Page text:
- pertaining to or of the nature of metaphysics.
- concerned with abstract thought or subjects, as existence, causality, or truth.
- concerned with first principles and ultimate grounds, as being, time, or substance.
- highly abstract, subtle, or abstruse.
- designating or pertaining to the poetry of an early group of 17th-century English poets, notably John Donne, whose characteristic style is highly intellectual and philosophical and features intensive use of ingenious conceits and turns of wit.
- Archaic. imaginary or fanciful.
Origin of metaphysical
Examples from the Web for metaphysical
He left the U.S., seeking a spiritual and metaphysical connection for his work elsewhere.A Gay American Artist in Kaiser’s Berlin
Sarah Bay Williams
August 10, 2014
I do not say a creation … Any preexistence of the universe has a metaphysical character.Evangelicals Still Don’t Know What to Do With the Big Bang
Karl W. Giberson
March 23, 2014
Things get metaphysical in one of the most masterful hours of television since ‘Breaking Bad.’‘True Detective’ Episode 5 Review: ‘The Secret Fate of All Life’ is the Best Episode Yet
February 17, 2014
So in episode five—not to spoil anything—Cohle gives one of his metaphysical addresses.Inside the Obsessive, Strange Mind of True Detective’s Nic Pizzolatto
February 4, 2014
A chapter on the metaphysical poets is four-fifths Donne to one-fifth Herbert, with Marvell failing to get a look-in.John Sutherland‘s Enjoyable Little History of Literature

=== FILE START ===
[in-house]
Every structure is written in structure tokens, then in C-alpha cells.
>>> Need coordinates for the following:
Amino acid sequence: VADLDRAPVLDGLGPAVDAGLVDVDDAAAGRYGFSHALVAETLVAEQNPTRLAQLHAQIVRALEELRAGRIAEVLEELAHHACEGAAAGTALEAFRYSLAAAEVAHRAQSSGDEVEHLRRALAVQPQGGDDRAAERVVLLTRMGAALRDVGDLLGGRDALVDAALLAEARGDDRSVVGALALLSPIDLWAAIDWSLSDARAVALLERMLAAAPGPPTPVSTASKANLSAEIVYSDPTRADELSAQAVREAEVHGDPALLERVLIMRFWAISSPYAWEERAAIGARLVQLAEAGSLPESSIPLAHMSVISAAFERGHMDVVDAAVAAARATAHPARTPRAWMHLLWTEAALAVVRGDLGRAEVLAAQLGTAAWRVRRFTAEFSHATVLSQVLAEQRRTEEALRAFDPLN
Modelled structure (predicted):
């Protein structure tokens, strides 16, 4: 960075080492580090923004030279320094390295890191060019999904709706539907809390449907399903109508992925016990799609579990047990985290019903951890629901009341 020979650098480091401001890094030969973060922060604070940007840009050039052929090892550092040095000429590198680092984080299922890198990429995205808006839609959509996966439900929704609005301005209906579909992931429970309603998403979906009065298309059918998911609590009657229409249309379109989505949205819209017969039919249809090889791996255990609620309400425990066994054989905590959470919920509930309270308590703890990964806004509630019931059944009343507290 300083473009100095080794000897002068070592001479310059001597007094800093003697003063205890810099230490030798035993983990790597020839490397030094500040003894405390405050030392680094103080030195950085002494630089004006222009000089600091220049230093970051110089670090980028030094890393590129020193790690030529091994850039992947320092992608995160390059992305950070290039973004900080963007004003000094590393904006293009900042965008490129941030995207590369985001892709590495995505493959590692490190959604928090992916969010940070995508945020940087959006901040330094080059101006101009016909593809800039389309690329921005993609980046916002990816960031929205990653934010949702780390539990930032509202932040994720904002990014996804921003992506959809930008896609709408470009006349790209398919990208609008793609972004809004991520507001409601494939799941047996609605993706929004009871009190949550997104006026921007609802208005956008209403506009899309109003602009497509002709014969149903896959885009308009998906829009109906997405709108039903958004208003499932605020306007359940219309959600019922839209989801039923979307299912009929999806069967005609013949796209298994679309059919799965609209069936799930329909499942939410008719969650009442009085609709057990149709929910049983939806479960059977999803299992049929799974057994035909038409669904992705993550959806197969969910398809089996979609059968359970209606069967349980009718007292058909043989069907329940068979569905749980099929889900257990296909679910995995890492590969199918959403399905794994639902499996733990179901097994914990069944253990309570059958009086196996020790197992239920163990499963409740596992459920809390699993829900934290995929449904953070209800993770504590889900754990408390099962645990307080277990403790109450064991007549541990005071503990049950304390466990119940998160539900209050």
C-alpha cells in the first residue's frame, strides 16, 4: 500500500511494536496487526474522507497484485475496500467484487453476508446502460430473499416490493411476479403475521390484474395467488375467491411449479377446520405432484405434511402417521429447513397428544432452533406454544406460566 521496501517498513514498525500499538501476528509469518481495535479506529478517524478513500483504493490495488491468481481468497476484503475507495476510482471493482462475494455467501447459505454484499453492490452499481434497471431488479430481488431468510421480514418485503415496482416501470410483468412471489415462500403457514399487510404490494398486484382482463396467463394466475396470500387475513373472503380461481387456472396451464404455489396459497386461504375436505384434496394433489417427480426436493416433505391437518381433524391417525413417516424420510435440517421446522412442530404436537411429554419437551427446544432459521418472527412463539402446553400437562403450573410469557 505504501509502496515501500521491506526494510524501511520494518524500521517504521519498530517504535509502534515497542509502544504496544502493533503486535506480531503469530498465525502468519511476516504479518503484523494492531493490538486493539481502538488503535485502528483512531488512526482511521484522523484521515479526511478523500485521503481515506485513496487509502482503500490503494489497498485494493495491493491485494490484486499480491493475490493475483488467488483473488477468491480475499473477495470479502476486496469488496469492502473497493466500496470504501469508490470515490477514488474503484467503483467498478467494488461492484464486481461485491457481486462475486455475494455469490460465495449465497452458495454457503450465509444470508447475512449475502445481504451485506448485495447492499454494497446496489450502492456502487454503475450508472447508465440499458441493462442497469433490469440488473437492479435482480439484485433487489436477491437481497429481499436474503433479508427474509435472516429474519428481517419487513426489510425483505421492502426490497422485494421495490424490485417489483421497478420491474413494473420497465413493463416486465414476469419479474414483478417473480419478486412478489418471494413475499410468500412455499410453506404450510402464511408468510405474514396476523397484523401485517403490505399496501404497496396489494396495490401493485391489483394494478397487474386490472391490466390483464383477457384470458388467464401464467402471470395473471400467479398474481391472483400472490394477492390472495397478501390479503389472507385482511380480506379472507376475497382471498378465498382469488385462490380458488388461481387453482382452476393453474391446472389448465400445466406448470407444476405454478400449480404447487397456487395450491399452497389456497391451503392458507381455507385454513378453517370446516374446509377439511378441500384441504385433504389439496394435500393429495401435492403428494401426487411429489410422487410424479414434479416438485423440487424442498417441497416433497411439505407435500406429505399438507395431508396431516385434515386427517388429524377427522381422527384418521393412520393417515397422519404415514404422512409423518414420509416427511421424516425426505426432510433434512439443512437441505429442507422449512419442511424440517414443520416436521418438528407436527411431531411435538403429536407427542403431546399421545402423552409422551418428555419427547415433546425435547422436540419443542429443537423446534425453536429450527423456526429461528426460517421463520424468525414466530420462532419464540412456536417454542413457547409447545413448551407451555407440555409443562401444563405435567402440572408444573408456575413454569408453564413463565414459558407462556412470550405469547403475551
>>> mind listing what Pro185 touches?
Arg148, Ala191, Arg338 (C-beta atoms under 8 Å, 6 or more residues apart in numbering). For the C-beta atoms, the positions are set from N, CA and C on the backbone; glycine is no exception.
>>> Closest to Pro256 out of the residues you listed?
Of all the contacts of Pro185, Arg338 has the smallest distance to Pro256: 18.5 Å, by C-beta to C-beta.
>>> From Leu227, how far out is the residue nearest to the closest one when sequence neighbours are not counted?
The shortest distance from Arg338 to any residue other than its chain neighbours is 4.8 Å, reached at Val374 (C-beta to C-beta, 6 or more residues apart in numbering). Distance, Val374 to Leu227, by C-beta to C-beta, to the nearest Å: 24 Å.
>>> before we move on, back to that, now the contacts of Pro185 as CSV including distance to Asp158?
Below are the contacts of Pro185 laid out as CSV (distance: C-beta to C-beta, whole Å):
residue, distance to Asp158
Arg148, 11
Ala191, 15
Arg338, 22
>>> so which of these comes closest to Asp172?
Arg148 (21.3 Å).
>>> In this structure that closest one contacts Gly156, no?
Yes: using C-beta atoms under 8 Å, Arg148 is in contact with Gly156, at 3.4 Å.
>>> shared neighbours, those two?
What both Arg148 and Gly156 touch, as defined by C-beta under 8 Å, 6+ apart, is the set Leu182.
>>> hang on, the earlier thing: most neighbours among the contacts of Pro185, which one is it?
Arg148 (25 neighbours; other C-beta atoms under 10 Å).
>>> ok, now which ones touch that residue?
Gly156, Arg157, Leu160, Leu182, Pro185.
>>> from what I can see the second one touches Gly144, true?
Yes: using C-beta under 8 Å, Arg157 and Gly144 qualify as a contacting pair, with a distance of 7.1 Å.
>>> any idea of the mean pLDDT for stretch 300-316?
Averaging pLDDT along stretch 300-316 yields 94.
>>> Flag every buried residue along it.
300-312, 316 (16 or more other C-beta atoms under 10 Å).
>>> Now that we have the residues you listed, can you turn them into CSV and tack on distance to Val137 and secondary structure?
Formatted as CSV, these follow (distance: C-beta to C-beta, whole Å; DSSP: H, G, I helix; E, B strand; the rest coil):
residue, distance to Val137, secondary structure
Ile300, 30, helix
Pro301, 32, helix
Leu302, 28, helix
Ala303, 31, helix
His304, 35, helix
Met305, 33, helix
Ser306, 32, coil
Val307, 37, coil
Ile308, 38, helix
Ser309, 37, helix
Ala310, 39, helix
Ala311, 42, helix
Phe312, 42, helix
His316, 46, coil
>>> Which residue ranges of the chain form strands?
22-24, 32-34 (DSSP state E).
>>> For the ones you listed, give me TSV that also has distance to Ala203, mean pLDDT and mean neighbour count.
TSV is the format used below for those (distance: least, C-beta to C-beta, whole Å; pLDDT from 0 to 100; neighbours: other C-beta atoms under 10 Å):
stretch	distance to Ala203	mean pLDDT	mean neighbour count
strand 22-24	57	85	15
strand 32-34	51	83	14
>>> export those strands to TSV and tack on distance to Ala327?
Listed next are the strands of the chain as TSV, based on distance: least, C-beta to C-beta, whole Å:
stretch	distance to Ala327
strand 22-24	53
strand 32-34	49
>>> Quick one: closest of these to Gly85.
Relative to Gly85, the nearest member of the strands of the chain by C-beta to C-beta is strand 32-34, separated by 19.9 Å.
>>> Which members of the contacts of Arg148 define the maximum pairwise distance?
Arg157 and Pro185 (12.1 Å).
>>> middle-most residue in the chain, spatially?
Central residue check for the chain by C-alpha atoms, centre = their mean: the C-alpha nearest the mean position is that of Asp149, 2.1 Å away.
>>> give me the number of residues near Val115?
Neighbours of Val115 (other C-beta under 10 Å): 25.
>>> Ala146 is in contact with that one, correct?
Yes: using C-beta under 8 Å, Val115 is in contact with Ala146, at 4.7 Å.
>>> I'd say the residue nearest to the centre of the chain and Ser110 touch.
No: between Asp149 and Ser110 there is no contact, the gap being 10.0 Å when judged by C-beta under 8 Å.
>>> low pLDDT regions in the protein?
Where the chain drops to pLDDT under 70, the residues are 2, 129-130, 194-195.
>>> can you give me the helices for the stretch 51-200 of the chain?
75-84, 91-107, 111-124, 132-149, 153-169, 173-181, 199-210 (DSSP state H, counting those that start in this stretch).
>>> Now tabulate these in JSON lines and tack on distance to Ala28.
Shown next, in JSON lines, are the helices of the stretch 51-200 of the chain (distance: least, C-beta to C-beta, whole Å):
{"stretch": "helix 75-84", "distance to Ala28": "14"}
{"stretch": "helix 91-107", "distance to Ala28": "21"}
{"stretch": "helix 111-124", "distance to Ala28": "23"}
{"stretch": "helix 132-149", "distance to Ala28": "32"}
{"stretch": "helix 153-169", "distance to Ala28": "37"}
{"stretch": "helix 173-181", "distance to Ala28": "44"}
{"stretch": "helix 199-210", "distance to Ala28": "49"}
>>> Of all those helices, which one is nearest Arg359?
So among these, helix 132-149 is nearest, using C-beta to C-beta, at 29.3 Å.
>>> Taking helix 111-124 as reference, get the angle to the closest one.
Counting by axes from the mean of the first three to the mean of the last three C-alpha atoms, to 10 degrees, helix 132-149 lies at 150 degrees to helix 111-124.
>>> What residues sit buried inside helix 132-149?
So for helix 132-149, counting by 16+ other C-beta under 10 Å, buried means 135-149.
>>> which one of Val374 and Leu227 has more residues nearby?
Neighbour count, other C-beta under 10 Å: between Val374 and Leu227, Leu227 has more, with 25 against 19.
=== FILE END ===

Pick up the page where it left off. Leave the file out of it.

November 29, 2013
There are three evils: the metaphysical, the physical, and the moral.Initiation into Philosophy
I do not mean to say that they did this with any occult or metaphysical motives.Modern Painters Volume II (of V)
These three stages are the Theological, the Metaphysical, and the Positive.Critical Miscellanies (Vol. 3 of 3)
Nay, what does history yet record of the metaphysical annals of man?Essays, First Series
Ralph Waldo Emerson
He was rather a great judge of metaphysical power than a metaphysician.Leading Articles on Various Subjects
- relating to or concerned with metaphysics
- (of a statement or theory) having the form of an empirical hypothesis, but in fact immune from empirical testing and therefore (in the view of the logical positivists) literally meaningless
- (popularly) abstract, abstruse, or unduly theoretical
- incorporeal; supernatural
- denoting or relating to certain 17th-century poets who combined intense feeling with ingenious thought and often used elaborate imagery and conceits. Notable among them were Donne, Herbert, and Marvell
- a poet of this group
Word Origin and History for metaphysical
early 15c., "pertaining to metaphysics," from methaphesik (late 14c.) + -al, and in part from Medieval Latin metaphysicalis, from Medieval Latin metaphysica (see metaphysics). It came to be used in the sense of "abstract, speculative" (e.g. by Johnson, who applied it to certain 17c. poets, notably Donne and Cowley, who used "witty conceits" and abstruse imagery). Related: Metaphysically.